Thursday, 8 June, 2017
Nakityo and her five children live in Luwero District, about 25km north of Kampala in the central region of Uganda. Nakityo has very limited vision. Three of her children - Robert (7 Years old), Dalton (4 Years old), and Luwle (2 Years old) - are deafblind. She also has two other daughters, Nakiganda Agnes and Nannozi Salome, who do not have a disability. Rubella (German measles) is a possible cause of deafblindness in Uganda. Despite a vaccine being available since the 1970s, it has not yet been introduced into the national routine immunisation programme.
When Nakityo’s eldest son Robert was born deaf and partially blind, as has been a familiar scenario for many mothers of children with deafblindness in East Africa, his father left. In these cases, the mother is left alone and is stigmatised – common local belief dictates that it is her fault. When Robert’s father learned that his sone was born with a disability, he did not want to look after the child, leaving Nakityo with Robert. Without any support from the father’s side of the family, Nakityo had to return to Robert’s grandmother for support.
Staying close to her in-laws was not easy…
The family of Robert’s father chased her away and would instruct other children to beat Robert. At one point, Robert required medical attention after they threw a stone at his better eye. Nakityo was supported by SI Uganda Programme Officer, Alice, who made the necessary contacts to take Robert to Mengo Hospital to be assisted. Upon arrival at the hospital, at first they did not want to help, saying “What use is this boy?”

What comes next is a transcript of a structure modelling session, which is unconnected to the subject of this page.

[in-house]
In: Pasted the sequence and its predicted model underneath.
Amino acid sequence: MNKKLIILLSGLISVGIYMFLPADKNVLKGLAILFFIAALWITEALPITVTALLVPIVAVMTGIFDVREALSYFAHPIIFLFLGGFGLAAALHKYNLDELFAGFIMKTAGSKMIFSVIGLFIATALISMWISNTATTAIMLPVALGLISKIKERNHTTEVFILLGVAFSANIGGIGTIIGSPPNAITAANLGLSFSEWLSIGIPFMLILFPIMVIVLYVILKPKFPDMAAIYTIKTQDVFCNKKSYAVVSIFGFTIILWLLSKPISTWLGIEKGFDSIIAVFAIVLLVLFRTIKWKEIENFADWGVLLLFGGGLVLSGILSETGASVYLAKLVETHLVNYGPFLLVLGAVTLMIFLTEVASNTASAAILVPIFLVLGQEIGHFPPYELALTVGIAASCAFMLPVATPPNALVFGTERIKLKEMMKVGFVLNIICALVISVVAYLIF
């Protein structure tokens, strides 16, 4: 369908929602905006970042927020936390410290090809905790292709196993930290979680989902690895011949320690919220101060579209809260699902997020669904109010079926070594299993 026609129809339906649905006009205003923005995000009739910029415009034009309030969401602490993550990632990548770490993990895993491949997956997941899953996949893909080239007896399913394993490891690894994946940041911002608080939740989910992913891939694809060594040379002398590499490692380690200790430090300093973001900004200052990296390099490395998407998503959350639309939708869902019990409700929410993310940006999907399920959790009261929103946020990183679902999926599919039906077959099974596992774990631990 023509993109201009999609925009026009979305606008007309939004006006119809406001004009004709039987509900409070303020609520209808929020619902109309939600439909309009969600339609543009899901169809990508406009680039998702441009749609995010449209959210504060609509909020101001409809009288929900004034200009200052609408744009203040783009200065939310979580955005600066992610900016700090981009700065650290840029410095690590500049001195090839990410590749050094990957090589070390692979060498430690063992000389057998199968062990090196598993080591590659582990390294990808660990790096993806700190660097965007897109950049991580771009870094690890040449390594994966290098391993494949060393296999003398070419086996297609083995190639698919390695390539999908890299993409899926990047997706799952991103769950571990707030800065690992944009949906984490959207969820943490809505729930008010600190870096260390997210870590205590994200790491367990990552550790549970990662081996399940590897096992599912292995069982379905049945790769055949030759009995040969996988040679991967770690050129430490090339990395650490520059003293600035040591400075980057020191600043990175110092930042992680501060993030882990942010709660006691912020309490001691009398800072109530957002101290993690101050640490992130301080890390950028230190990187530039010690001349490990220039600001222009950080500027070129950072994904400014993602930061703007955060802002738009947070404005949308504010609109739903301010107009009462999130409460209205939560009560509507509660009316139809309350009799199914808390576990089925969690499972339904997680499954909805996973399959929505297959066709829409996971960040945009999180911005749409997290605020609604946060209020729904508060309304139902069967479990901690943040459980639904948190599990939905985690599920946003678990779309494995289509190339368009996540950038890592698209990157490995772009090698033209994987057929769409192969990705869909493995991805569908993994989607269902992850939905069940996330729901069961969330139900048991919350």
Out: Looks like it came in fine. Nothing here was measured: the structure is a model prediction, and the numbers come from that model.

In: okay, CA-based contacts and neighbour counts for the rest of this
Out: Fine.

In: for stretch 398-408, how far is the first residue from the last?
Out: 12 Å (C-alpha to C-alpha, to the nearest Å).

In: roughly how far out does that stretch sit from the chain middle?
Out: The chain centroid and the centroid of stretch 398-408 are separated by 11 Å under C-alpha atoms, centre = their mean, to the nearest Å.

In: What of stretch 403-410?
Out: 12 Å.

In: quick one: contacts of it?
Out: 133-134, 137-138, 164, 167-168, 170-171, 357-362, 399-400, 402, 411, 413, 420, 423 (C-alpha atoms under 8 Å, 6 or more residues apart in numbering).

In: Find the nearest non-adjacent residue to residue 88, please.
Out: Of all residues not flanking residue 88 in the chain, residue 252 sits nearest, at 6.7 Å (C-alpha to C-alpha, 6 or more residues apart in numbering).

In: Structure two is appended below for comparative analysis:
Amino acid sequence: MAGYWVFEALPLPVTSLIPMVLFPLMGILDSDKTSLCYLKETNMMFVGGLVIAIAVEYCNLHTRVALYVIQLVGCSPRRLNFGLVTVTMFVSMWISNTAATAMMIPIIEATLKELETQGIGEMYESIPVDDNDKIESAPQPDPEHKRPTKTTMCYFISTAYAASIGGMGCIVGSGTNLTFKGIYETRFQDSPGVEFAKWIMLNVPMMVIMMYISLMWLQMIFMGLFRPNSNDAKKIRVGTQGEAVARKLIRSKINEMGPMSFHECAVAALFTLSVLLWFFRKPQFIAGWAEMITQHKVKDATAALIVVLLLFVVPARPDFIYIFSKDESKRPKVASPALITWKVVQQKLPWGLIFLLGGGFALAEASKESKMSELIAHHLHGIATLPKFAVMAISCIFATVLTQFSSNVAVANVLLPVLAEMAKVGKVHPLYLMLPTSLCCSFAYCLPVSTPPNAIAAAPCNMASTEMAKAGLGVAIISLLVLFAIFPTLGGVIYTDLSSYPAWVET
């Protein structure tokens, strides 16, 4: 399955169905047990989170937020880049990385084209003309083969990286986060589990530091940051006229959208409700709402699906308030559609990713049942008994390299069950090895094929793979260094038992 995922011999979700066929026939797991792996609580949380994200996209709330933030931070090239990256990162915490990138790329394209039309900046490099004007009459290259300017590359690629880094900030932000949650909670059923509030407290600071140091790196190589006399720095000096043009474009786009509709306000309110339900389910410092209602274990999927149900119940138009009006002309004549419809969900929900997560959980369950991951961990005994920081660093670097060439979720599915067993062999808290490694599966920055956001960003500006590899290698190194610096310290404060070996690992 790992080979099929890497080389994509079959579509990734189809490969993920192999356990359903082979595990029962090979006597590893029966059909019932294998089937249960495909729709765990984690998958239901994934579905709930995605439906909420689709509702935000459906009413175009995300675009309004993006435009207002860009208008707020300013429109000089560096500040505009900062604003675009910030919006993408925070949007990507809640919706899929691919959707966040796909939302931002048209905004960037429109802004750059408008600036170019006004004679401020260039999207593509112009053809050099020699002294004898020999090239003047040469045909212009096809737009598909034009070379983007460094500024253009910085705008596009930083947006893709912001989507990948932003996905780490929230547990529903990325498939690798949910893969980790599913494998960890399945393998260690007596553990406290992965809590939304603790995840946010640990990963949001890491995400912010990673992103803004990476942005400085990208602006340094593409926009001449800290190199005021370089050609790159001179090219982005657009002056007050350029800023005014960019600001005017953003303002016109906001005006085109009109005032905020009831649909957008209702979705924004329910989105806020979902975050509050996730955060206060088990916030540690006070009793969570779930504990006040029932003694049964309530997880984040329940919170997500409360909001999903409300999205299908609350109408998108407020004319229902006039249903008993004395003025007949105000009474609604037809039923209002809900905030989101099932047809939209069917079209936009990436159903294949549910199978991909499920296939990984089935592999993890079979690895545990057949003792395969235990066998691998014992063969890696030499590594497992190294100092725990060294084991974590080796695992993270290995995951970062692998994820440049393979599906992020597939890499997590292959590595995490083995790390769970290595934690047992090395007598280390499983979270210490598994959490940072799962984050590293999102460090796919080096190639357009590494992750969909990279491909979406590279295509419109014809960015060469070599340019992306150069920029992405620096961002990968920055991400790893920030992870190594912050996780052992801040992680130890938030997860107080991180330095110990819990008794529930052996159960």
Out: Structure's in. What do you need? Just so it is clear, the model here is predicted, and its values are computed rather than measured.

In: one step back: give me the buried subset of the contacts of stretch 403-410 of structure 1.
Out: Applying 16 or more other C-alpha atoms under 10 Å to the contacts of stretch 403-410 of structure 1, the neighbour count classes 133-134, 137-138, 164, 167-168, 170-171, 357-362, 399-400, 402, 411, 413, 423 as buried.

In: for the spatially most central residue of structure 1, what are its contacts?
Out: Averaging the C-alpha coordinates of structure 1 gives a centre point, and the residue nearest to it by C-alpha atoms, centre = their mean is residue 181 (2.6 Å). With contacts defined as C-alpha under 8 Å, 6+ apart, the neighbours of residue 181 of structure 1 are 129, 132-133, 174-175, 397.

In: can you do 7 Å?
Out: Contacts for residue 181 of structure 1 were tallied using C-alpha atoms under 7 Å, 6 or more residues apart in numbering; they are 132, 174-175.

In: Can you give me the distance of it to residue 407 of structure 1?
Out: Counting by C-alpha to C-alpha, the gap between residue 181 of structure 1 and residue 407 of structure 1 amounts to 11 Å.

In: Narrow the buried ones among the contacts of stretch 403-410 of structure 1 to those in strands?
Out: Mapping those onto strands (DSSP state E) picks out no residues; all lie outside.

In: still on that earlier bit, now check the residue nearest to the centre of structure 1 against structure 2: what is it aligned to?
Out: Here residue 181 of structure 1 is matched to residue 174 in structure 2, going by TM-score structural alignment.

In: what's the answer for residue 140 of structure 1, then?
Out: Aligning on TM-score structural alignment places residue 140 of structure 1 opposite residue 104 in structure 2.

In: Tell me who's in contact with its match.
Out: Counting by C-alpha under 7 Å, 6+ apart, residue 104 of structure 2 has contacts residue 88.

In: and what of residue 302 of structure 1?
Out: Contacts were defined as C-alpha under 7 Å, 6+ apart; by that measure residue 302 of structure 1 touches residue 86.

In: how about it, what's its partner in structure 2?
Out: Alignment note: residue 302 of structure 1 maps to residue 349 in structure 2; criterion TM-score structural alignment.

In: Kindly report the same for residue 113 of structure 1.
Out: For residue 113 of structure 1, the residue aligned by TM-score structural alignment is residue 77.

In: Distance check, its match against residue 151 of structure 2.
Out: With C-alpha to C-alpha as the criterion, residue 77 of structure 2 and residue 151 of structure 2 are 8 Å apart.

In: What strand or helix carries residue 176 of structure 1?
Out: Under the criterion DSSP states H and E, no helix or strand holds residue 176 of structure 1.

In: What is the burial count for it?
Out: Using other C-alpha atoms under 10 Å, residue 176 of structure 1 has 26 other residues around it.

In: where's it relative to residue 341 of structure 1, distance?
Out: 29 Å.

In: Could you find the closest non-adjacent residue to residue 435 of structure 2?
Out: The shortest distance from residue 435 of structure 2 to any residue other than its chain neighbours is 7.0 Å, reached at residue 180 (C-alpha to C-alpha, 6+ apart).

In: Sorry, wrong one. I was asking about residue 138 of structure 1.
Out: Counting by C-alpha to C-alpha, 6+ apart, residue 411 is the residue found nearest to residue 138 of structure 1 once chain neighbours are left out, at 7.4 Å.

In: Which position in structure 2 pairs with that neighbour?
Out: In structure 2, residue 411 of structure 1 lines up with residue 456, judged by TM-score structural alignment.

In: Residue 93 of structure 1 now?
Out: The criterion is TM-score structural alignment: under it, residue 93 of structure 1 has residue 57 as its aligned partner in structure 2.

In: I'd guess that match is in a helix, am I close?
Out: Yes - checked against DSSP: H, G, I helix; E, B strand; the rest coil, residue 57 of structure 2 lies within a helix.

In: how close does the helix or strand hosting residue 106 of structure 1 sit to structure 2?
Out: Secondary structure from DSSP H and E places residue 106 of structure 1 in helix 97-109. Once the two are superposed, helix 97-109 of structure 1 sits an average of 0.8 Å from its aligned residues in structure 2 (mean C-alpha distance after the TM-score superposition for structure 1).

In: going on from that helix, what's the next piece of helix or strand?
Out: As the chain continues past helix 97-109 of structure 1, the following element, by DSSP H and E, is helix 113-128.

For a while, Nakityo was desperate and even thought about death. She carried poison with her and continually thought about taking it. The single thing preventing her from suicide was her children, and not knowing who would look after them if she was not there.
“Life was difficult for me, if I was to die who would look after my children? I thought it would be better to go with poison and kill ourselves. After some time I was not thinking about death anymore, but life ahead, the future of my children.
If the children went to school and got educated I would be a proud mother. As much as life is not easy, I work on a farm and sell charcoal – it is small money but at least I know life can improve”
Sense International began supporting Nakityo and her family in 2014, when the Community Based Education programme started. This has involved visits by Alice and the local mainstream teacher Enid. Both have been crucial in re-installing hope into Nakityo and her family’s life.
Alice has advised on communication methods and Enid has used the Community Based Education curriculum and tactile play materials to teach Nakityo’s children. Robert continues to develop and is supported by a mainstream/SNE teacher who visits once a week for three to four hours.
The SI Uganda team are also currently working on trying to support Robert’s enrolment in a local school as he is a very curious and gifted boy who deserves access to education. To better support the children’s educational development, SI Uganda has also distributed sensory stimulation toys (see Image 1) such as a xylophone and colourful toys which require construction and the recognition of different shapes.
Nakityo no longer thinks about death, but about the future. When Alice asked her who her hero was, she said her mother. Alice responded by saying that Nakityo is their hero here. From a period of despair and depression for Nakityo, she is now looking to a future of hope for her and her 5 children.
When asked what her dreams were for her children Nakityo said:
“Robert will be a mechanic as he is always making or fixing things. Nachiganda Hope will be a nurse as she takes care of the other children.
Florence will probably become a lawyer, as she always argues you out of everything! I need more time to interact with Dalton to know what he might do; I am still watching this space. I would like Luwle to be a teacher as teachers did not let him come into class because of his disability”
First published: Friday 7 June 2013
Last updated: Wednesday 20 September 2017